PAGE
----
J.S. Bach and the Art of Improvisation

One could probably liken the task of improvising a six-part fugue to the playing of sixty simultaneous blindfold games of chess and winning them all.
— Douglas Hofstadter, author of "Gödel, Escher, Bach"

Johann Sebastian Bach was one of the greatest musical improvisers of all time.  Here is Charles Rosen's account of the day Bach improvised a six part fugue for the King of Prussia!

It was on May 7, 1747, that Bach visited Frederick the Great at Potsdam. The Prussian king preferred the pianoforte -- then called ''forte and piano'' -- to the less nuanced harpsichord or the organ; so much so that he had 15 of the instruments built for him. During this visit the king led Bach from room to room to try them out. (Bach had encountered pianos before the royal visit; he had complained that their action was too heavy, their treble too weak.) Frederick played for Bach a theme of his own and then asked Bach to improvise a fugue on it. After Bach obliged with a three-voice fugue, the king demanded a more spectacular six-voice fugue. Bach improvised a six-voice fugue on a theme of his own, but on his return to Leipzig wrote out a six-voice fugue on the royal theme. He had it printed with a number of other works all based on the same theme, and sent it to Frederick as ''a musical offering.''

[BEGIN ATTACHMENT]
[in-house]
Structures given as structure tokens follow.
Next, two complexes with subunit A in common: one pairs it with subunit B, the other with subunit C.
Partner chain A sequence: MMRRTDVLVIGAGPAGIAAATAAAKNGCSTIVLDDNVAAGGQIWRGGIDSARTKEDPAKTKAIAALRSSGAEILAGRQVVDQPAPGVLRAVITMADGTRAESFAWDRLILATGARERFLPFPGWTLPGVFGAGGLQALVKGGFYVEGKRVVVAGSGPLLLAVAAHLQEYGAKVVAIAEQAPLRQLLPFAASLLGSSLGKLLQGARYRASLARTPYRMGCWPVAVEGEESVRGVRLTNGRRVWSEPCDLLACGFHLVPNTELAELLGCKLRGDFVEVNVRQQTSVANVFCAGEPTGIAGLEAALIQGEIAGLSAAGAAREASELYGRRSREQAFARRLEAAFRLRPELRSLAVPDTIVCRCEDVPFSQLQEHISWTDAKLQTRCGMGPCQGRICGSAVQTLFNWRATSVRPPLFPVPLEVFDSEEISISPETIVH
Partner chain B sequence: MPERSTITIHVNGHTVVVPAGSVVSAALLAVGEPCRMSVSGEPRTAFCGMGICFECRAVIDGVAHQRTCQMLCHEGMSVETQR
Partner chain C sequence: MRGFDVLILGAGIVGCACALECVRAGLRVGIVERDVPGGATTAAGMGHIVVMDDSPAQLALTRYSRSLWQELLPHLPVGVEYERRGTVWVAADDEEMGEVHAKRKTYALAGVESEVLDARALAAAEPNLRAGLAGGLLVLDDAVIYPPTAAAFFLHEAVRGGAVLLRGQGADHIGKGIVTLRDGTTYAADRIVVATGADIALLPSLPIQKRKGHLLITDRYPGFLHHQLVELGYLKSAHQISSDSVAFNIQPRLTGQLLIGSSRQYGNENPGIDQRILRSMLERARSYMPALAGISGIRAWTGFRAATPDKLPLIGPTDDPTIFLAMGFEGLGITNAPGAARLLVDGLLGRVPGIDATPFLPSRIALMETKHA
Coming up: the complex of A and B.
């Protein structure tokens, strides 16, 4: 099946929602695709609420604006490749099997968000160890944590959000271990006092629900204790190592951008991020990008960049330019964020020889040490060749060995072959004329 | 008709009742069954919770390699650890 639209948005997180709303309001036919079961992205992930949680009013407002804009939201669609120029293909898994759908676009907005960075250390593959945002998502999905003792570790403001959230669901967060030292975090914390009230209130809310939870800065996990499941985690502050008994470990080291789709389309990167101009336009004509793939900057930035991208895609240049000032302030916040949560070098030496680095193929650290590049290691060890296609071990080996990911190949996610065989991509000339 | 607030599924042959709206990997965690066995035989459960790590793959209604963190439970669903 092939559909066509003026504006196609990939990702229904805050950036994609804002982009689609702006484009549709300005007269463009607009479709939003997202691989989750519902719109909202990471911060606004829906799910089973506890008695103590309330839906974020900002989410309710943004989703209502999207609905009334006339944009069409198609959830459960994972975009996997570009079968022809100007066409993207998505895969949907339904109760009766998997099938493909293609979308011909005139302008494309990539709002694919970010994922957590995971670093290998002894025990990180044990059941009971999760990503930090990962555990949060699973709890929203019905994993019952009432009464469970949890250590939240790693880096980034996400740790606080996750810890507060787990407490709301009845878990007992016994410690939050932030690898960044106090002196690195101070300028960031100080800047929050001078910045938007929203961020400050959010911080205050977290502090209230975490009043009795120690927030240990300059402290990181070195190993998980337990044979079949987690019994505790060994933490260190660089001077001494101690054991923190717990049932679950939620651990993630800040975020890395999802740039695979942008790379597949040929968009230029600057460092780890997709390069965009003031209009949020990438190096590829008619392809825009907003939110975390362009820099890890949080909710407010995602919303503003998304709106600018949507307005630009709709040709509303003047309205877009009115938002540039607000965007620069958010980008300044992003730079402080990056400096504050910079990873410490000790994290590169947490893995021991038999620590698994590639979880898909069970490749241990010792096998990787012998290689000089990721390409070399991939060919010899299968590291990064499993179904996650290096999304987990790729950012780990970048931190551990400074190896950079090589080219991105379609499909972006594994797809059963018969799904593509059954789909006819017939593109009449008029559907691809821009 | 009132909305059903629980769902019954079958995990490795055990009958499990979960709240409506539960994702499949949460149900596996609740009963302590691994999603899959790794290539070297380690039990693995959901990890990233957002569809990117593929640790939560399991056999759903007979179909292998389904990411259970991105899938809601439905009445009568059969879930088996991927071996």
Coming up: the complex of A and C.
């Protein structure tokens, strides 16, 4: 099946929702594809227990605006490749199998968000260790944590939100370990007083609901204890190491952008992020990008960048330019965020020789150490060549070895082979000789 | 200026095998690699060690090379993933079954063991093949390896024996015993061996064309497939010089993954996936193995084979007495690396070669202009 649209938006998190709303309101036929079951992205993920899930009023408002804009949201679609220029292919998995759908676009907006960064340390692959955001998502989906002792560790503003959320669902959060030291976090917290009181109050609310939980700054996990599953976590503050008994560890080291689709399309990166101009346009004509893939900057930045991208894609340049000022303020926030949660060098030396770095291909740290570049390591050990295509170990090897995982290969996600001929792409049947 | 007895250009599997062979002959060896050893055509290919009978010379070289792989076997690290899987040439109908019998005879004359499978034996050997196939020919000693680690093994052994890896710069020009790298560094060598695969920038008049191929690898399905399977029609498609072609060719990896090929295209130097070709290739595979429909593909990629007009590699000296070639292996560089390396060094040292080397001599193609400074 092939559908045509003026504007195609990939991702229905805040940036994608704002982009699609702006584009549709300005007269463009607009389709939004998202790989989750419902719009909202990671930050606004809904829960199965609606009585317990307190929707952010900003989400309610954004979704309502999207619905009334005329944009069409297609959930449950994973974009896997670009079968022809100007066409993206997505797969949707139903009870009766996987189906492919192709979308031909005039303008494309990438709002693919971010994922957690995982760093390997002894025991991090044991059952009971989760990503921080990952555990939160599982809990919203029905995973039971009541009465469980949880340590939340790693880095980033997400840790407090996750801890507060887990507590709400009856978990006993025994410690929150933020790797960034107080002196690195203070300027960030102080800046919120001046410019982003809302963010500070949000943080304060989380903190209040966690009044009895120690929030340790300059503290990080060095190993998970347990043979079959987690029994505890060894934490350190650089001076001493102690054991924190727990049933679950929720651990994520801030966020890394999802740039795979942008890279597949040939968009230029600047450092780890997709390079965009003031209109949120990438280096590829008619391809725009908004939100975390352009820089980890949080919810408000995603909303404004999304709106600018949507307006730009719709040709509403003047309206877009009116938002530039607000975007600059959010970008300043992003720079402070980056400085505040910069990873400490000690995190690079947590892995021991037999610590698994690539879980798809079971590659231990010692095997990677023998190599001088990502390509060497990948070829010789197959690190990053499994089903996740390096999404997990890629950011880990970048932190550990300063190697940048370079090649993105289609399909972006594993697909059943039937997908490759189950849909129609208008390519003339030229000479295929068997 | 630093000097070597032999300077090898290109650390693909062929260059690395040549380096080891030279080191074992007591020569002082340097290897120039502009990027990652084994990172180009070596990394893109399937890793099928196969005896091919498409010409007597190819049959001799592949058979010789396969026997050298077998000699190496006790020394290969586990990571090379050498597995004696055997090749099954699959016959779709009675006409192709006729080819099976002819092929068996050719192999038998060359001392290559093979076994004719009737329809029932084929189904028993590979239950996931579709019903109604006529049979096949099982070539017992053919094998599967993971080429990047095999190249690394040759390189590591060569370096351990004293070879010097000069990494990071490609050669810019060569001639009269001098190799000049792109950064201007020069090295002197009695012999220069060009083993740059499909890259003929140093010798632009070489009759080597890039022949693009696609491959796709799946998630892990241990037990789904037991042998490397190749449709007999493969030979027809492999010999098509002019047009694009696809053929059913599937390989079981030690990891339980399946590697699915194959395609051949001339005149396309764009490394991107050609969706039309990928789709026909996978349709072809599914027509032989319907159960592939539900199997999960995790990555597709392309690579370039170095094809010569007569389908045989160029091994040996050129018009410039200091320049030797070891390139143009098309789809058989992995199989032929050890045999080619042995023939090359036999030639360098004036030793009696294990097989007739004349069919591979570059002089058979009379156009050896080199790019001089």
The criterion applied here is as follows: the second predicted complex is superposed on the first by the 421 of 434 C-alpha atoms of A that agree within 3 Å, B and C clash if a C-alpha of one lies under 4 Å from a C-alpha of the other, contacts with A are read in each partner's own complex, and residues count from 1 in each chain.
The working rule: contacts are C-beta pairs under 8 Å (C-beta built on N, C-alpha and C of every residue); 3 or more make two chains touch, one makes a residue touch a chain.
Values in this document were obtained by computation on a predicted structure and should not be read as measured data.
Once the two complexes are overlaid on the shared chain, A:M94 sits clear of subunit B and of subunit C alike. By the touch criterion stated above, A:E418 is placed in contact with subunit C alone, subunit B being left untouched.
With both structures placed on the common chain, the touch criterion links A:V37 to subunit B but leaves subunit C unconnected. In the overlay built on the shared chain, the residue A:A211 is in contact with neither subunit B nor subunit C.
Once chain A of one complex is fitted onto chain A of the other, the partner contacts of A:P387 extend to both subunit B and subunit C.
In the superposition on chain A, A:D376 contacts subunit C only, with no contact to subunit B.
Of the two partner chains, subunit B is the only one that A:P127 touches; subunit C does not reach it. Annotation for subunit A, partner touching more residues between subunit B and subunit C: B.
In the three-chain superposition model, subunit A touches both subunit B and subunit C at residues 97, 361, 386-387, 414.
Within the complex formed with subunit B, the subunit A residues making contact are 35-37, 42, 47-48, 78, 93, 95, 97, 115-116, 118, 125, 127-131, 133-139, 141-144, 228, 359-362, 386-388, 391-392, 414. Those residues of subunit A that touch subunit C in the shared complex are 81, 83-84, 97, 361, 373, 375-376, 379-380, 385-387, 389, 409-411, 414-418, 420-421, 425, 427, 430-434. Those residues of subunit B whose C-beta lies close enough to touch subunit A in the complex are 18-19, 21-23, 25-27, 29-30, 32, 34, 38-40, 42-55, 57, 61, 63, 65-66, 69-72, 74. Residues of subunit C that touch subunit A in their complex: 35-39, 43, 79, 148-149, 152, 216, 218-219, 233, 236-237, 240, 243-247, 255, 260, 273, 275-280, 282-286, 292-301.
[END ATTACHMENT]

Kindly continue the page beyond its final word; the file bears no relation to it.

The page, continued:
- From Best Piano Composition: Six Parts Genius (New York Times.  April 18, 1999) by Charles Rosen, author of The Classical Style.